A lawyer representing Caruso, one of the accused, commented in a newspaper interview: “The government is seeking to criminalise the movement precisely at a time when its policies and forms of action are finding more and more support amongst ordinary people and in the trade unions.”Origins of article 270
The majority of charges levelled against the accused are based on article 270/270b of Italian law, which was introduced and extensively used by the fascist regime of Benito Mussolini to silence any opposition, and in particular communist opponents of his rule. Part of the notorious Leggi di difesa, article 270 enables prosecution merely on the basis that, according to the prosecutor, the accused were planning or conspiring to conduct activities detrimental to the Italian government. Article 270 explicitly refers to the danger of groups aiming to overthrow the economic order of Italy. Under Mussolini in the 1930s, mere possession of a Communist leaflet was sufficient to ensure arrest, prosecution and imprisonment.
The article stipulates that those found guilty (ringleaders) can be imprisoned for up to 12 years. Supporters of conspiracy can be locked up for three years. After the collapse of Italian fascism at the end of the Second World War, article 270 was kept on the books, even as Italian Communist Party leader Palmiro Togliatti became the first post-war Italian justice minister. The government reworked the law following the terror attacks of September 11 and has invoked it with increasing regularity against its political opponents over the past few years.
The latest arrests are a clear warning of the sharp lurch to the right by the Berlusconi government. At the same time, they expose the claims by leading members of the opposition Olive Tree alliance and Democratic Left who claimed that after his election Berlusconi would be forced to take into account post-war Italy’s democratic traditions and moderate his policies. A number of social democrats and “post-communists” who claimed that Berlusconi could be tamed also applauded the “restraint” of the Italian police and judiciary following the peaceful demonstration of November 10.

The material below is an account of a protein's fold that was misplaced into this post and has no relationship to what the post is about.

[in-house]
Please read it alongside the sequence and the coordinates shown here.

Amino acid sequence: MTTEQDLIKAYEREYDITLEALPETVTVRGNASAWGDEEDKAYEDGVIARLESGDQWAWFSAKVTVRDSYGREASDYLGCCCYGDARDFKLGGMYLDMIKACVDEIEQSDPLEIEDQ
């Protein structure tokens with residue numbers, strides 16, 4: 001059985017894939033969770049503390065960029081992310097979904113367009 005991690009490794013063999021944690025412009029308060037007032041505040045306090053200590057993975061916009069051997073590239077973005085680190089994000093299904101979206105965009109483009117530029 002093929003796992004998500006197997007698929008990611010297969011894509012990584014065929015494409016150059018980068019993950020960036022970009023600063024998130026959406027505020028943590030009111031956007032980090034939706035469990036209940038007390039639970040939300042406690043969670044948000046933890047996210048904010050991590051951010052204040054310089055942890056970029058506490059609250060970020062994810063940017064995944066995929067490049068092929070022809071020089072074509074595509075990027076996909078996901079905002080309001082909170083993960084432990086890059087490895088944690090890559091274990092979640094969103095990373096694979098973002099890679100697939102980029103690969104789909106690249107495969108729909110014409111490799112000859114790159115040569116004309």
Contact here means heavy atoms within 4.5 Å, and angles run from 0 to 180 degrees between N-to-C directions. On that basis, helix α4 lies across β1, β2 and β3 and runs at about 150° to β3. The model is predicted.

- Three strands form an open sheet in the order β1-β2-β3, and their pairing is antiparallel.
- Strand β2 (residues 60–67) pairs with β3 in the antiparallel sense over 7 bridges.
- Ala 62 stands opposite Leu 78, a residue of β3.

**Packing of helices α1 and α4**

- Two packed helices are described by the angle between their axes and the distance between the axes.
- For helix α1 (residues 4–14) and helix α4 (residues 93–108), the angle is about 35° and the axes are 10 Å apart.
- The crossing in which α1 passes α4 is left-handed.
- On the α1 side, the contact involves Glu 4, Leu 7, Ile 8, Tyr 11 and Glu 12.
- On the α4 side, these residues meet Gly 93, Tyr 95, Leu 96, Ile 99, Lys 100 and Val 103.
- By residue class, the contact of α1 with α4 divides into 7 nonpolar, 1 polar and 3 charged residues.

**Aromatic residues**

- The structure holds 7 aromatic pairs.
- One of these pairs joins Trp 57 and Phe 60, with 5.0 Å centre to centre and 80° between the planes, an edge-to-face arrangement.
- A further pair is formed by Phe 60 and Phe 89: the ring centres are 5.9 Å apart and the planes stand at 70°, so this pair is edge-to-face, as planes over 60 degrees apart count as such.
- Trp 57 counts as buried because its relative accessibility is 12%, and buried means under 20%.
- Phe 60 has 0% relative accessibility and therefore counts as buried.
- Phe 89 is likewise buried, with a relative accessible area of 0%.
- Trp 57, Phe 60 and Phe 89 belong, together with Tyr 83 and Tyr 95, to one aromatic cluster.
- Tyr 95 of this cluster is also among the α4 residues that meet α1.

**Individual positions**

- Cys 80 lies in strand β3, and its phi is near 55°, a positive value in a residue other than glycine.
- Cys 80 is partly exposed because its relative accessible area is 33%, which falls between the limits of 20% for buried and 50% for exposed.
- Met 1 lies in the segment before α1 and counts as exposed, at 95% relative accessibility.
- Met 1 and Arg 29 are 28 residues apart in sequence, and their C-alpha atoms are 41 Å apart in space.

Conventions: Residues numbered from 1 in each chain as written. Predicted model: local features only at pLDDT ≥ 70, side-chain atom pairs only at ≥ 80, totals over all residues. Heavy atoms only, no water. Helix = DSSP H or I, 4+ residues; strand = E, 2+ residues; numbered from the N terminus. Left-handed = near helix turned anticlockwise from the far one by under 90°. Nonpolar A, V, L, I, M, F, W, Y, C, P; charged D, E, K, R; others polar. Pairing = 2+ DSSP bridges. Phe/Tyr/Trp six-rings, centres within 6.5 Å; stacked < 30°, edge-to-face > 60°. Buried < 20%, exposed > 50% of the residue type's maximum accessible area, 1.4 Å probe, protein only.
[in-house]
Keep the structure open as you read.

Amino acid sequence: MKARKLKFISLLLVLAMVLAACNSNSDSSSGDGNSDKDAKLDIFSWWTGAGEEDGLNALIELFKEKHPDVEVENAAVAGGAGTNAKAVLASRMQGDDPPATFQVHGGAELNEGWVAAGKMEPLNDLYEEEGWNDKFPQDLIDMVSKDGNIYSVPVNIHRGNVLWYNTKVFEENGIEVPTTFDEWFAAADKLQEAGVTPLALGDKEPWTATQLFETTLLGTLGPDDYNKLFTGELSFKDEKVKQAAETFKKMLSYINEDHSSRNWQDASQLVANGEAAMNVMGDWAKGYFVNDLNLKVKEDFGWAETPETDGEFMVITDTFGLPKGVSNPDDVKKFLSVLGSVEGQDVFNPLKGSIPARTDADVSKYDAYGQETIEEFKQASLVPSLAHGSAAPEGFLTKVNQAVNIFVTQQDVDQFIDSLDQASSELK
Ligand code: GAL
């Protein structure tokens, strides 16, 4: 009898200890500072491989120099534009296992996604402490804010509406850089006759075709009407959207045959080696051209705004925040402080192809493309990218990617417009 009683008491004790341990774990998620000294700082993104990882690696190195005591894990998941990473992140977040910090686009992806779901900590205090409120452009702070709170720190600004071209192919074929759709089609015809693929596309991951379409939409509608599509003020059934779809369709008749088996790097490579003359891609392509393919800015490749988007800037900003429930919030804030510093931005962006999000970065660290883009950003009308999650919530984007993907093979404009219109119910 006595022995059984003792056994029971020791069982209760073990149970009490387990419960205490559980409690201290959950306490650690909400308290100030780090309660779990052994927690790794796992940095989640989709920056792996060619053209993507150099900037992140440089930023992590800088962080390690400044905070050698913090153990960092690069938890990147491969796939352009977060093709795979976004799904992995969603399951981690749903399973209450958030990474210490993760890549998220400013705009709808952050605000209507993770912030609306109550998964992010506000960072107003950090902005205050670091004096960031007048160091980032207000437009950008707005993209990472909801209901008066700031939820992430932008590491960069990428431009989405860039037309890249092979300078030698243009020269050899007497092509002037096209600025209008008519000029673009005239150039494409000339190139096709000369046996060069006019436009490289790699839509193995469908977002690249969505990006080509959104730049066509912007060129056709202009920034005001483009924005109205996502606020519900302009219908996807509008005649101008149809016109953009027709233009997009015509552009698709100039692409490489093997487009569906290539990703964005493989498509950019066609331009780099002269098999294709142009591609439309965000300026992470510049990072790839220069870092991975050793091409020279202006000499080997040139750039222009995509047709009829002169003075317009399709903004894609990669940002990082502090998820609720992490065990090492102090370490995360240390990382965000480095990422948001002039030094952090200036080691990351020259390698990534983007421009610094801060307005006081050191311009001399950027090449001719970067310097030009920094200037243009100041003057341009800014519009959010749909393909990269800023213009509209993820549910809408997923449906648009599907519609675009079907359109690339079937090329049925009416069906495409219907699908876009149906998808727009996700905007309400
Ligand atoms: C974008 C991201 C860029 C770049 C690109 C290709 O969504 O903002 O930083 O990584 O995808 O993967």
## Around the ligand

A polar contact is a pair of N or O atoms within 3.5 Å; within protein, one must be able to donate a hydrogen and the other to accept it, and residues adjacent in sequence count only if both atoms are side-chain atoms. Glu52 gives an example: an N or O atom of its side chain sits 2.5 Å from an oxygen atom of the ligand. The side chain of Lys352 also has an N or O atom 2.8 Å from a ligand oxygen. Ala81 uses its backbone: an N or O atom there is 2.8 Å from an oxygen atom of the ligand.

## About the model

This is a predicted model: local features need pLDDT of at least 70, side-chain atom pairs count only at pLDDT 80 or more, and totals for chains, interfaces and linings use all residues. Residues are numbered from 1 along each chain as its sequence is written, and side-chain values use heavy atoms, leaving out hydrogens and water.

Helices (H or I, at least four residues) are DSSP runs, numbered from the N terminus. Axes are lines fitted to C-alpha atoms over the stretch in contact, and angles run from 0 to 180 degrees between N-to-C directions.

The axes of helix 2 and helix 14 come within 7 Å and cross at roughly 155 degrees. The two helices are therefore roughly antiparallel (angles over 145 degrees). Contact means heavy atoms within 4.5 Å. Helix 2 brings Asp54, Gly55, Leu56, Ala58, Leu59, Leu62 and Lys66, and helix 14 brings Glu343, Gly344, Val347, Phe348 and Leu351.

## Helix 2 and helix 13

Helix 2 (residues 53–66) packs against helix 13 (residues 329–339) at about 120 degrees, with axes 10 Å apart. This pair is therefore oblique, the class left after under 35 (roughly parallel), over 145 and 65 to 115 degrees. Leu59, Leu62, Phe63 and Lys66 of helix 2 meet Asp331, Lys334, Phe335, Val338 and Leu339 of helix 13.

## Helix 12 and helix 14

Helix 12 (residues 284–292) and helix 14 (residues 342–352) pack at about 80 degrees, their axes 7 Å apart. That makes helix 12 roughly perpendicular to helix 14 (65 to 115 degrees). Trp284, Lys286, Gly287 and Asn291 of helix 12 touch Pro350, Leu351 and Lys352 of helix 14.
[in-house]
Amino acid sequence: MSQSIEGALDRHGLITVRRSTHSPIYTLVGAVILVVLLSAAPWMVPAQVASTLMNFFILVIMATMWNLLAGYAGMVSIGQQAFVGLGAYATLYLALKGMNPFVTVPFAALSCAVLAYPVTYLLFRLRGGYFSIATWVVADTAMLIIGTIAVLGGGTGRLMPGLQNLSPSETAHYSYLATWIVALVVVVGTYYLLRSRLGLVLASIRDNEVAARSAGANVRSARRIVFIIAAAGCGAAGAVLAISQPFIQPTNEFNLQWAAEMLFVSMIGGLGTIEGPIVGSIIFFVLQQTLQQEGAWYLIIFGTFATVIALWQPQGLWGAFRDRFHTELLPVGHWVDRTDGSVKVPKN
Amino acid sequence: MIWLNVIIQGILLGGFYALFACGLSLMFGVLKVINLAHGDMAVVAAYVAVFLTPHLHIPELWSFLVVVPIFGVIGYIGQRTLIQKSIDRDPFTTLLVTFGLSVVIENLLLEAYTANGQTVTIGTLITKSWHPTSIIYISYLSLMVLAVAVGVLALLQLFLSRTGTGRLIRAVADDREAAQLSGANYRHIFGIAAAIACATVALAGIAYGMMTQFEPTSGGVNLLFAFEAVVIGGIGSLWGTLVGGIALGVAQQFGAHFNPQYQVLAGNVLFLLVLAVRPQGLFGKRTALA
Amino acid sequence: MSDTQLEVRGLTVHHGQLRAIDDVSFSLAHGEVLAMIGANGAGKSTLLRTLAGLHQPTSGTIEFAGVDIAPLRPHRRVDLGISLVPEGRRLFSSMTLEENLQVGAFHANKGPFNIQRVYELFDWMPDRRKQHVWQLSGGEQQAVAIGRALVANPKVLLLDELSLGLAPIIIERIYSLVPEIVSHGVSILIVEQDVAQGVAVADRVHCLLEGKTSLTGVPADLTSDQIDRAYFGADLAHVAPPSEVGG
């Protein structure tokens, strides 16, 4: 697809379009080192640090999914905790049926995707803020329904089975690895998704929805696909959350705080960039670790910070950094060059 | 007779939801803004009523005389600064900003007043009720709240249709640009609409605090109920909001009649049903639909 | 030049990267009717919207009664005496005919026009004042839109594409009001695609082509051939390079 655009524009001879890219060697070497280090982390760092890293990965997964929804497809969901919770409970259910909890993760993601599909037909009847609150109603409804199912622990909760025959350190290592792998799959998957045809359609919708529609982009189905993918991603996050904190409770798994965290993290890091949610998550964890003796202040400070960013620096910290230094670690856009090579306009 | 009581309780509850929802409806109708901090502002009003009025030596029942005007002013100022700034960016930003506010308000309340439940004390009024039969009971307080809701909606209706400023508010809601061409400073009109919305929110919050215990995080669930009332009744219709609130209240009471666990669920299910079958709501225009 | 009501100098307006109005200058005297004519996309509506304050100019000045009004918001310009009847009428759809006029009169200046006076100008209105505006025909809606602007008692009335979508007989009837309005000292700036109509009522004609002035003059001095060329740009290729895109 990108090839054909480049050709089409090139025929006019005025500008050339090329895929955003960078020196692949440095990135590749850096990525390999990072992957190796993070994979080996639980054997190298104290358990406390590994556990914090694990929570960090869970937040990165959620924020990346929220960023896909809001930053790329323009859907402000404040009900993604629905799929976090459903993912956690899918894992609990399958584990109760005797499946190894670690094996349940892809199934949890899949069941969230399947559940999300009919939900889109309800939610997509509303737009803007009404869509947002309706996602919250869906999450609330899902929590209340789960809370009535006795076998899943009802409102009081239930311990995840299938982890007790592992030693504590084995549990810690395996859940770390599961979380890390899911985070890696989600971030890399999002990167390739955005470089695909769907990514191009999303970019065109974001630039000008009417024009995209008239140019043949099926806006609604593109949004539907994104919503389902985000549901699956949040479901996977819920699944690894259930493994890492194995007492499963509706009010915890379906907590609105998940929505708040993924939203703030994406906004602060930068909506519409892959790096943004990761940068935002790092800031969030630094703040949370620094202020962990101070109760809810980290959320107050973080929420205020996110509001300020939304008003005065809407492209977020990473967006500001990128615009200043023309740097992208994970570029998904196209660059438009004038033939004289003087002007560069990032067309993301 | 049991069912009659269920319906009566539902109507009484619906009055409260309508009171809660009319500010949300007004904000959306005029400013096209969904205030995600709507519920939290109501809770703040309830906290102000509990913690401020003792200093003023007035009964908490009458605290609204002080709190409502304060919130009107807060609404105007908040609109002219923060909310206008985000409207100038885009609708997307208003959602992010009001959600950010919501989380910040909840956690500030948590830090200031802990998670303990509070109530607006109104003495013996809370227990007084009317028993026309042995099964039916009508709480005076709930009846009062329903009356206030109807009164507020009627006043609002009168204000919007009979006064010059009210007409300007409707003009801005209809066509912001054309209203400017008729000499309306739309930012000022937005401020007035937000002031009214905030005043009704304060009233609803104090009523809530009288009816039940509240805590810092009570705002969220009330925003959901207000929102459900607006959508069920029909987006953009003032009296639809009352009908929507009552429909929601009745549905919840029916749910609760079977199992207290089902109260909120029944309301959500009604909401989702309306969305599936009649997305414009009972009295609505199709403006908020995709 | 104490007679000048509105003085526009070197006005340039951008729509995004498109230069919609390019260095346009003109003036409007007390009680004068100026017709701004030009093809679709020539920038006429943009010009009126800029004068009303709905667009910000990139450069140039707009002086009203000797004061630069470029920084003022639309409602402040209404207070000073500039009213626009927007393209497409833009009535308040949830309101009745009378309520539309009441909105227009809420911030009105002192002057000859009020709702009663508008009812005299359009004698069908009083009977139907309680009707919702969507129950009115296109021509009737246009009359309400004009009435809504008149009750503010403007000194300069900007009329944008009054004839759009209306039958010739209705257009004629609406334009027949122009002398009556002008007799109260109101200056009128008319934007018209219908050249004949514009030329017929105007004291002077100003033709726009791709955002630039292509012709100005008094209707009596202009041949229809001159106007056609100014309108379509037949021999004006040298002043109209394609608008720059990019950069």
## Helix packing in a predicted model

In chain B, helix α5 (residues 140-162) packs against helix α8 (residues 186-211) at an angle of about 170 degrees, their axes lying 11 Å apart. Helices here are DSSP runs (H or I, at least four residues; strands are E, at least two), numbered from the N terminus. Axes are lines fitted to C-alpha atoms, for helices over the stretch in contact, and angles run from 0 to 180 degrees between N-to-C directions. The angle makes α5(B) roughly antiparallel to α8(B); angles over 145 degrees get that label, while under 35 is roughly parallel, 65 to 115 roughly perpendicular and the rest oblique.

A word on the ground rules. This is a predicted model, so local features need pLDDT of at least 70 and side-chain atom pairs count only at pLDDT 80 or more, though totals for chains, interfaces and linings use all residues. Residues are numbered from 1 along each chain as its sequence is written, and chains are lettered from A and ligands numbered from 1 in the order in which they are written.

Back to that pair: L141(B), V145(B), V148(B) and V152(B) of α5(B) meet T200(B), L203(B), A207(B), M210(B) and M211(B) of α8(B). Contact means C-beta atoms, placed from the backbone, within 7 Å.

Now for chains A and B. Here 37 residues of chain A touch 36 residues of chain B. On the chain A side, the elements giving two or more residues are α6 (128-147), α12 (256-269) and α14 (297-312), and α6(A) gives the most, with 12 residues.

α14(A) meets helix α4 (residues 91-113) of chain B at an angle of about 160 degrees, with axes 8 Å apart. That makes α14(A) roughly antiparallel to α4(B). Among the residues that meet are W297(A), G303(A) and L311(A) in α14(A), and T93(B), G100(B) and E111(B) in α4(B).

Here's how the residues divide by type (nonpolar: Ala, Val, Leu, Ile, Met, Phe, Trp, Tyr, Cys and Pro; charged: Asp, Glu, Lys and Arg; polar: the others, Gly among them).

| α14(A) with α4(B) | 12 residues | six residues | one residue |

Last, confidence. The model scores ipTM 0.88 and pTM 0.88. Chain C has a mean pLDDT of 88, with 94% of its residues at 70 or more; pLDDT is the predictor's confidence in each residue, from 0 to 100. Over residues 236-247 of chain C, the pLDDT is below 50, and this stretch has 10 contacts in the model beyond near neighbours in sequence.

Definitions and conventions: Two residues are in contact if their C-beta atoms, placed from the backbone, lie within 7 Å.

Now Berlusconi has given his answer. The latest arrests make clear that his government is prepared to move rapidly and employ the most extreme methods to strangle any potential opposition to his government—including the use of fascist laws.
These latest arrests take place in the context of continuous assaults by the government on democratic rights. Berlusconi has made no secret of his contempt for those aspects of Italian law that he regards as obstacles to his drive for economic and political power. Following the sentencing this week of former Italian prime minister Giulio Andreotti to 24 years imprisonment on charges of abetting the murder of a journalist, Berlusconi once more lashed out at Italian courts and complained that “politically biased judges have attempted to change the course of democratic politics and rewrite Italian history.”